As the Trump-Ukraine situation has shown us, government officials such as former ambassador Marie Yovanovitch and Colonel Alexander Vindman have spoken truth and power at great risk and put jobs at risk. The Dissent Channel at the US Department of State, which allows diplomats to voice their concerns without fear of retaliation, has not been critical to good policymaking. Arguments to end the protection of civil servants in general, in the hope that the government will be successful, must be rejected. More is at stake than the government’s power, as the cost may be significant. The best people should be appointed to work in government and their expertise and ideals should be encouraged and protected.
With these challenges in mind, what does the future hold for the embattled independent agency? 1935 issue Humphrey’s Executor v. United Stateswhich authorizes Congress to provide independent commissioners with protections such as impeachment, fixed terms, and politically motivated appointments, has long been contested among the executive branch of the agency.
Is independence still important to maintain in this context? To the extent that independent agencies, such as the US Federal Trade Commission (FTC), participate in adjudication, their need for independence may appear to be that of ALJs. And since these agencies also perform legislative and policy-making functions, the same exclusionary protections that apply to the federal government may also be appropriate. The party’s requirements for commissioners — two out of five of the FTC’s commissioners must be from the party that did not govern — are also safeguards against biased policymaking.
In this environment, it can be interesting to support independence in the selection of institutions, even in commissions. But his demands are very difficult. There is already a check on the power of the President through the advisory process and the consent of the Senate. Reducing the excesses of the presidency by eliminating the cause and effective representation of the political system prevents the President and makes it possible It’s Humphrey an unpleasant example. It’s the president’s decisions that matter, not the elite. This all makes sense in time, but it raises a big question.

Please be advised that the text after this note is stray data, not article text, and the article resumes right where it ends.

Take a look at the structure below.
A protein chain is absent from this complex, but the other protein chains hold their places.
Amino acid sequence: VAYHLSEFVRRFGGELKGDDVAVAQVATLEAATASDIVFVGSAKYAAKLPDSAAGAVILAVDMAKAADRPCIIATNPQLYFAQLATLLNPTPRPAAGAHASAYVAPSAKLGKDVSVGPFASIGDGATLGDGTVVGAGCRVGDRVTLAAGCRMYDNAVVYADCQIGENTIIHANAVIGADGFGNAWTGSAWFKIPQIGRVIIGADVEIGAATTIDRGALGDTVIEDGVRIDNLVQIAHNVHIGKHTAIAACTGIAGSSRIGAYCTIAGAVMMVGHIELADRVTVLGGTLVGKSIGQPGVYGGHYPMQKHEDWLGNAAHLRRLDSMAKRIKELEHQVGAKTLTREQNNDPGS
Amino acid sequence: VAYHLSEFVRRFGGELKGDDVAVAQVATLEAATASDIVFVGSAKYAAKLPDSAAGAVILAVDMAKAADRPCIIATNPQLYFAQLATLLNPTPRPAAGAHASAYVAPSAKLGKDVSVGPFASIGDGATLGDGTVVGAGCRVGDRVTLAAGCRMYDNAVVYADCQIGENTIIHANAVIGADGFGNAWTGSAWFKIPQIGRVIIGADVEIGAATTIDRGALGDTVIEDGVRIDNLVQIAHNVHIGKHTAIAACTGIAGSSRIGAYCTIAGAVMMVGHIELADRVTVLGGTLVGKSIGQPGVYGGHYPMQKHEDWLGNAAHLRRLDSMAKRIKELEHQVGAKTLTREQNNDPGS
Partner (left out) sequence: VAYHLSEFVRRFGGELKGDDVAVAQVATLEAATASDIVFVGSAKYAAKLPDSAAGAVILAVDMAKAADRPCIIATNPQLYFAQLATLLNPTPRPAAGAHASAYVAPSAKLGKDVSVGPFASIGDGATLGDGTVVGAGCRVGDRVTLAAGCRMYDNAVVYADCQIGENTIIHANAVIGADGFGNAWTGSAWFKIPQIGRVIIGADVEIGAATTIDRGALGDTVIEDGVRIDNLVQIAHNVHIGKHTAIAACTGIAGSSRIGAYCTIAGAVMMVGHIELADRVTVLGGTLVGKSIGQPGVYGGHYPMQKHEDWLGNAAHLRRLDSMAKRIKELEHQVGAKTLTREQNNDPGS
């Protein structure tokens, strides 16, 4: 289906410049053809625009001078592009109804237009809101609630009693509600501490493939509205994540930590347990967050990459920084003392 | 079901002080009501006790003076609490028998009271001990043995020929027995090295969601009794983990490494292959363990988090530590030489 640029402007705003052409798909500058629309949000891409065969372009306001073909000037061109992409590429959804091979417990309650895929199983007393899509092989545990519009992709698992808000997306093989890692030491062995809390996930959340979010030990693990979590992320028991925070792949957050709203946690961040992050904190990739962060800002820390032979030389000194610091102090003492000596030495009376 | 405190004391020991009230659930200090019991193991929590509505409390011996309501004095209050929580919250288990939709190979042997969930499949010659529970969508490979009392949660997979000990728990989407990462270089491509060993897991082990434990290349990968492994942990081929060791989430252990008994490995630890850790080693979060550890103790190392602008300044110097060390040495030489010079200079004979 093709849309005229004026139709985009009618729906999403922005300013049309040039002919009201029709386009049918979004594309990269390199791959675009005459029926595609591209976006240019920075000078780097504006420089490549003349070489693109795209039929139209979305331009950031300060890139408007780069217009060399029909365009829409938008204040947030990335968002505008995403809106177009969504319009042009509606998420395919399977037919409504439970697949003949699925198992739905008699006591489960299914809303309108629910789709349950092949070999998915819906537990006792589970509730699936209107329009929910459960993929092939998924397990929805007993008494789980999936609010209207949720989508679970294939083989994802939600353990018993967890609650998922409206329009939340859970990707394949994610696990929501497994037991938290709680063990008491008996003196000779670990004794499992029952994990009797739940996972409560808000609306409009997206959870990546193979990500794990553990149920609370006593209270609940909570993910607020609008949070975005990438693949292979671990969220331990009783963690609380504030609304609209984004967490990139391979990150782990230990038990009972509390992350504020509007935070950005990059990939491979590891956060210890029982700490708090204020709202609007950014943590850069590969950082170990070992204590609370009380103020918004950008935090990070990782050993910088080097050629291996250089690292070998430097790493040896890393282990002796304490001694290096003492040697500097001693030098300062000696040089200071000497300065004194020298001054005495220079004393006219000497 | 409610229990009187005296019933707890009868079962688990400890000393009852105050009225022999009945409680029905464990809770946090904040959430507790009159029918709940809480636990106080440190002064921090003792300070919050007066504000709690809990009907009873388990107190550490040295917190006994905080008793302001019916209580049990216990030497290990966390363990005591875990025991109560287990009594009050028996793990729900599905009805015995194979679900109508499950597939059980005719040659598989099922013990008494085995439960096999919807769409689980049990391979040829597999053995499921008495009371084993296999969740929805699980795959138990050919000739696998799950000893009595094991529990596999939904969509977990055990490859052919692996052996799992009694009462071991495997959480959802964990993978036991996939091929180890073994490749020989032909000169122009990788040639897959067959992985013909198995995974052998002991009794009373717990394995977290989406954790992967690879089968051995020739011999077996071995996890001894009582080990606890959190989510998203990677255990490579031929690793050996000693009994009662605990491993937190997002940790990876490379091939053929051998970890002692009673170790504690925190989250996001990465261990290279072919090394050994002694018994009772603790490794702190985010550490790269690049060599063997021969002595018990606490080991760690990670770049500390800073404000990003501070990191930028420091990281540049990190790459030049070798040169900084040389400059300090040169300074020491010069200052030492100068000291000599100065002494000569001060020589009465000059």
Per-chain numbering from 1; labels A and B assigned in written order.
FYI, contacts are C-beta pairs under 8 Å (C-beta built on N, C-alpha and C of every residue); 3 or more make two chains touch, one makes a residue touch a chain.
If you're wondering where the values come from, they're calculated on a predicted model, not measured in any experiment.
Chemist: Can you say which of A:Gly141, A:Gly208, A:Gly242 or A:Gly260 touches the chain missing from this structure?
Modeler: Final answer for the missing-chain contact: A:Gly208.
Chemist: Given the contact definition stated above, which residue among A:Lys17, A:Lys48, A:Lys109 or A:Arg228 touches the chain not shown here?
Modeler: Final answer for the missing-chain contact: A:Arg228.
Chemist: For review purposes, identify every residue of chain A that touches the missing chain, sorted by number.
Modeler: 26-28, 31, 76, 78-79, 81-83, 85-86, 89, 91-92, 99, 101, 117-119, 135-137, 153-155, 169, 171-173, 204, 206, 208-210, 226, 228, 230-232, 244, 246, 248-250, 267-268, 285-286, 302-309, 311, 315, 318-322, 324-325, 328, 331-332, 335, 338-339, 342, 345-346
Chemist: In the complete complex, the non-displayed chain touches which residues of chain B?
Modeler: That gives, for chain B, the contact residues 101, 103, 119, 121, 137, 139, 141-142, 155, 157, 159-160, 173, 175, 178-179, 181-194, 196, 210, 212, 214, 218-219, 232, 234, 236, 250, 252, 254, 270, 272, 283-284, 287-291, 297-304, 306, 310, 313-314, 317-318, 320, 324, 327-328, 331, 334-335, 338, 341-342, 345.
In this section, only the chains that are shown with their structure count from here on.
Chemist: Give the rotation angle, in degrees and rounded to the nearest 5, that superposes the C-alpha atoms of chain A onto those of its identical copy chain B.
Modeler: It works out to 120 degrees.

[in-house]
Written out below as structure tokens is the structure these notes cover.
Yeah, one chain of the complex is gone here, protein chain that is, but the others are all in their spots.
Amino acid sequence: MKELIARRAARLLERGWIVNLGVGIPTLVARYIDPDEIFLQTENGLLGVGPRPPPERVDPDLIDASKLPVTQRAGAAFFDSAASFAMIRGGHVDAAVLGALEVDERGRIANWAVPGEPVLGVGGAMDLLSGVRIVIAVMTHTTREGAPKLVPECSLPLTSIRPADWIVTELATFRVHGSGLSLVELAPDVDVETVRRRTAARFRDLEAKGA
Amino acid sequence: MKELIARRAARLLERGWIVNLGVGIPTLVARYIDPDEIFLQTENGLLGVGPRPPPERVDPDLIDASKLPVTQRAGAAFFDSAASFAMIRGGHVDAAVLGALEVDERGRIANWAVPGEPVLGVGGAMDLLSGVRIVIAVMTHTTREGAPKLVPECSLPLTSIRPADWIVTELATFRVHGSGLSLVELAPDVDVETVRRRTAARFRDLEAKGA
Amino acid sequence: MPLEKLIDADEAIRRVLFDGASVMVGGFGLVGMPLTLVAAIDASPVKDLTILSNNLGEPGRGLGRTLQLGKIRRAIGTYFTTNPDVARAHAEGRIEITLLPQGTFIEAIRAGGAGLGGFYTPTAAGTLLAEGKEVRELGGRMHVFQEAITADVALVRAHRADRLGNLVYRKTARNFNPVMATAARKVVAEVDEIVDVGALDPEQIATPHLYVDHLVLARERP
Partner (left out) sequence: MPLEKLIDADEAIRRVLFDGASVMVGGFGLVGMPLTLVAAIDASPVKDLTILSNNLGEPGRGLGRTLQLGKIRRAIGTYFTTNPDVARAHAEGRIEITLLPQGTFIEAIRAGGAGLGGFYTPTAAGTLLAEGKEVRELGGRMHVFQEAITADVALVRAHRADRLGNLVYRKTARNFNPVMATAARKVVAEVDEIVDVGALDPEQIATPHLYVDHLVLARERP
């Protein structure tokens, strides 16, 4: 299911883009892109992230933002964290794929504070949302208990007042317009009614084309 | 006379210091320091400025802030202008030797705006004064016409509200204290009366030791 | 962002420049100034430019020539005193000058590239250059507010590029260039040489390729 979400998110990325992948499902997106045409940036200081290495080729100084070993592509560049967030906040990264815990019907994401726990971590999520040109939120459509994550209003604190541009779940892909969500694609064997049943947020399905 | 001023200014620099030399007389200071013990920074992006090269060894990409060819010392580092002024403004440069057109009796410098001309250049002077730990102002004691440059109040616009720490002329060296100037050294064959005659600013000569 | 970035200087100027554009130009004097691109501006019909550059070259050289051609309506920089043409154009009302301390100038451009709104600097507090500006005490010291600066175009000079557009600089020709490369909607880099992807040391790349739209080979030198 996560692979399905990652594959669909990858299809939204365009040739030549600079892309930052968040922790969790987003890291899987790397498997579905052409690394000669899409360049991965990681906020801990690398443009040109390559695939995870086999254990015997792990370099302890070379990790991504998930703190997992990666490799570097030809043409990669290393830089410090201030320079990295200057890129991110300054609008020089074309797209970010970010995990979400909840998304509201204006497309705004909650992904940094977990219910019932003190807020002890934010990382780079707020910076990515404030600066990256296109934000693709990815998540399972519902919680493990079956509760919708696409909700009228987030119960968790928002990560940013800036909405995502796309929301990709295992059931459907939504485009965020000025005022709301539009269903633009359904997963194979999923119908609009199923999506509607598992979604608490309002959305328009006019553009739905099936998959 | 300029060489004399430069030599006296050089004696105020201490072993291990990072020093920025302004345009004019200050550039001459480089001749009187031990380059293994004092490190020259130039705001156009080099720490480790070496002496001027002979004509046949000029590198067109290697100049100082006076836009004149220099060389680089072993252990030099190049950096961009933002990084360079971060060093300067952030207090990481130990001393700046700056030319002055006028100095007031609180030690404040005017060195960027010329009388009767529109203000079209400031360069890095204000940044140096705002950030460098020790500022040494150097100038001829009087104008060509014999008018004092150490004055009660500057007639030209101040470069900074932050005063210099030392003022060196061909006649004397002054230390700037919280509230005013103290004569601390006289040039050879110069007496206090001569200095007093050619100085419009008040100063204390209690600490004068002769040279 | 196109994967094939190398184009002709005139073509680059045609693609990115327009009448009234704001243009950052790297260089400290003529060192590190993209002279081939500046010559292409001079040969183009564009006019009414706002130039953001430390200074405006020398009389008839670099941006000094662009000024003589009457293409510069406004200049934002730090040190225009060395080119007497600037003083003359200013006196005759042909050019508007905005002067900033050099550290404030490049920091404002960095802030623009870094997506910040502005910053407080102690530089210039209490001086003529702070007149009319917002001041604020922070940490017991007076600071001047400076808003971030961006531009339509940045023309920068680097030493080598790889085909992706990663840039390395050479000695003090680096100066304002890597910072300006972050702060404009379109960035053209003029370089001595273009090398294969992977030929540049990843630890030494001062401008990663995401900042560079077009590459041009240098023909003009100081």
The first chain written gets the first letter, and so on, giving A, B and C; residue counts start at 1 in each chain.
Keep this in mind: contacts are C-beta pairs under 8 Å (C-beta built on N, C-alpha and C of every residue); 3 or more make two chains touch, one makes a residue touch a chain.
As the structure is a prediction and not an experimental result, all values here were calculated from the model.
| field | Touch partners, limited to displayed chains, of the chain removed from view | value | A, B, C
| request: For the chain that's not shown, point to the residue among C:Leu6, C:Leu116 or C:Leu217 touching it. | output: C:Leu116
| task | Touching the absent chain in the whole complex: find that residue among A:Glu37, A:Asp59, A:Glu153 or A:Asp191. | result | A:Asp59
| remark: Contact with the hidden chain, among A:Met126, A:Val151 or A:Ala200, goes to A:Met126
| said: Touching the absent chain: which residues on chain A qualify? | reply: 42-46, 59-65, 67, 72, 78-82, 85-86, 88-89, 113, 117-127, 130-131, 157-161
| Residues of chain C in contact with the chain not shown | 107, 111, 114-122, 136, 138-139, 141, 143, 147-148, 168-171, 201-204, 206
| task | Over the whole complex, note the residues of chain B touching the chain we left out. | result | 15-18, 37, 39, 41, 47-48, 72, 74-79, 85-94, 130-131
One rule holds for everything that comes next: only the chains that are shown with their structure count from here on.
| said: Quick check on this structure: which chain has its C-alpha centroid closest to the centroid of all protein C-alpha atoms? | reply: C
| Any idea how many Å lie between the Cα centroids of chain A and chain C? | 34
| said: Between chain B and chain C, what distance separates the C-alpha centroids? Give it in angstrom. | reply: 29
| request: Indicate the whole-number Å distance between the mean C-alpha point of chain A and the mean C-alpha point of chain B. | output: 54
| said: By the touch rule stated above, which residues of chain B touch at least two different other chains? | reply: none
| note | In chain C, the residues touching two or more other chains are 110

The state of Wisconsin just showed how unusual these times are. In Wisconsin v. Prehn, the defendant, a member of the independent commission, refused to resign after his term expired, and the Republican state senate could not confirm his successor. Governor Tony Evers sought an announcement that Prehn should resign. But since Prehn had immunity from removal for cause, a 4-3 majority of the state Supreme Court decided he could remain in office. The political game here is amazing. Given the political pressures, Prehn could remain in office for years unless removed for cause. While this may not happen easily at the federal level, where reservations are often limited by law, who knows what will happen if Trump loyalists wait in line. Winning through deception and manipulation, rather than shared political commitment, is not how governance should be done.
Wisconsin was once a progressive state with a proud history in the New Deal era. Today he is a leader among oppressive countries. It’s like Hungary. Because of the unification of the Republican legislature, Democrats win 50 percent of the popular vote but only a handful of seats. This means that a conservative Republican legislature can frustrate a Democratic governor, just as they did by denying him the nomination for governor. Governor Evers won the election. He deserves to be appointed.
But it doesn’t end there. Wisconsin’s former Republican governor succeeded in overturning the state’s long tradition of civil service by passing legislation that established a system for establishing state workers. Wrongly, removing the cause is now up to cabinet officials like Prehn, who shouldn’t be there in the first place. There are now many other states that have gone to “voluntary” work and, recently, a group of conservative lawmakers introduced a bill to that effect in Congress.
Thus, Wisconsin is becoming the leader of a new political movement in the United States. Systematic transfer of power and political justice have become controversial concepts. It used to happen that when one team won, the other would line up and confirm the winner, except in some cases. Now nothing is accepted, so everything is condemned. This is why we all need to be more open-minded about the role of public administration and its impact on the establishment of procedural rights.
Now, I admit that I can overdo it. Maybe I am guilty of “tyrannophobia”. I hope so, since I want to be wrong.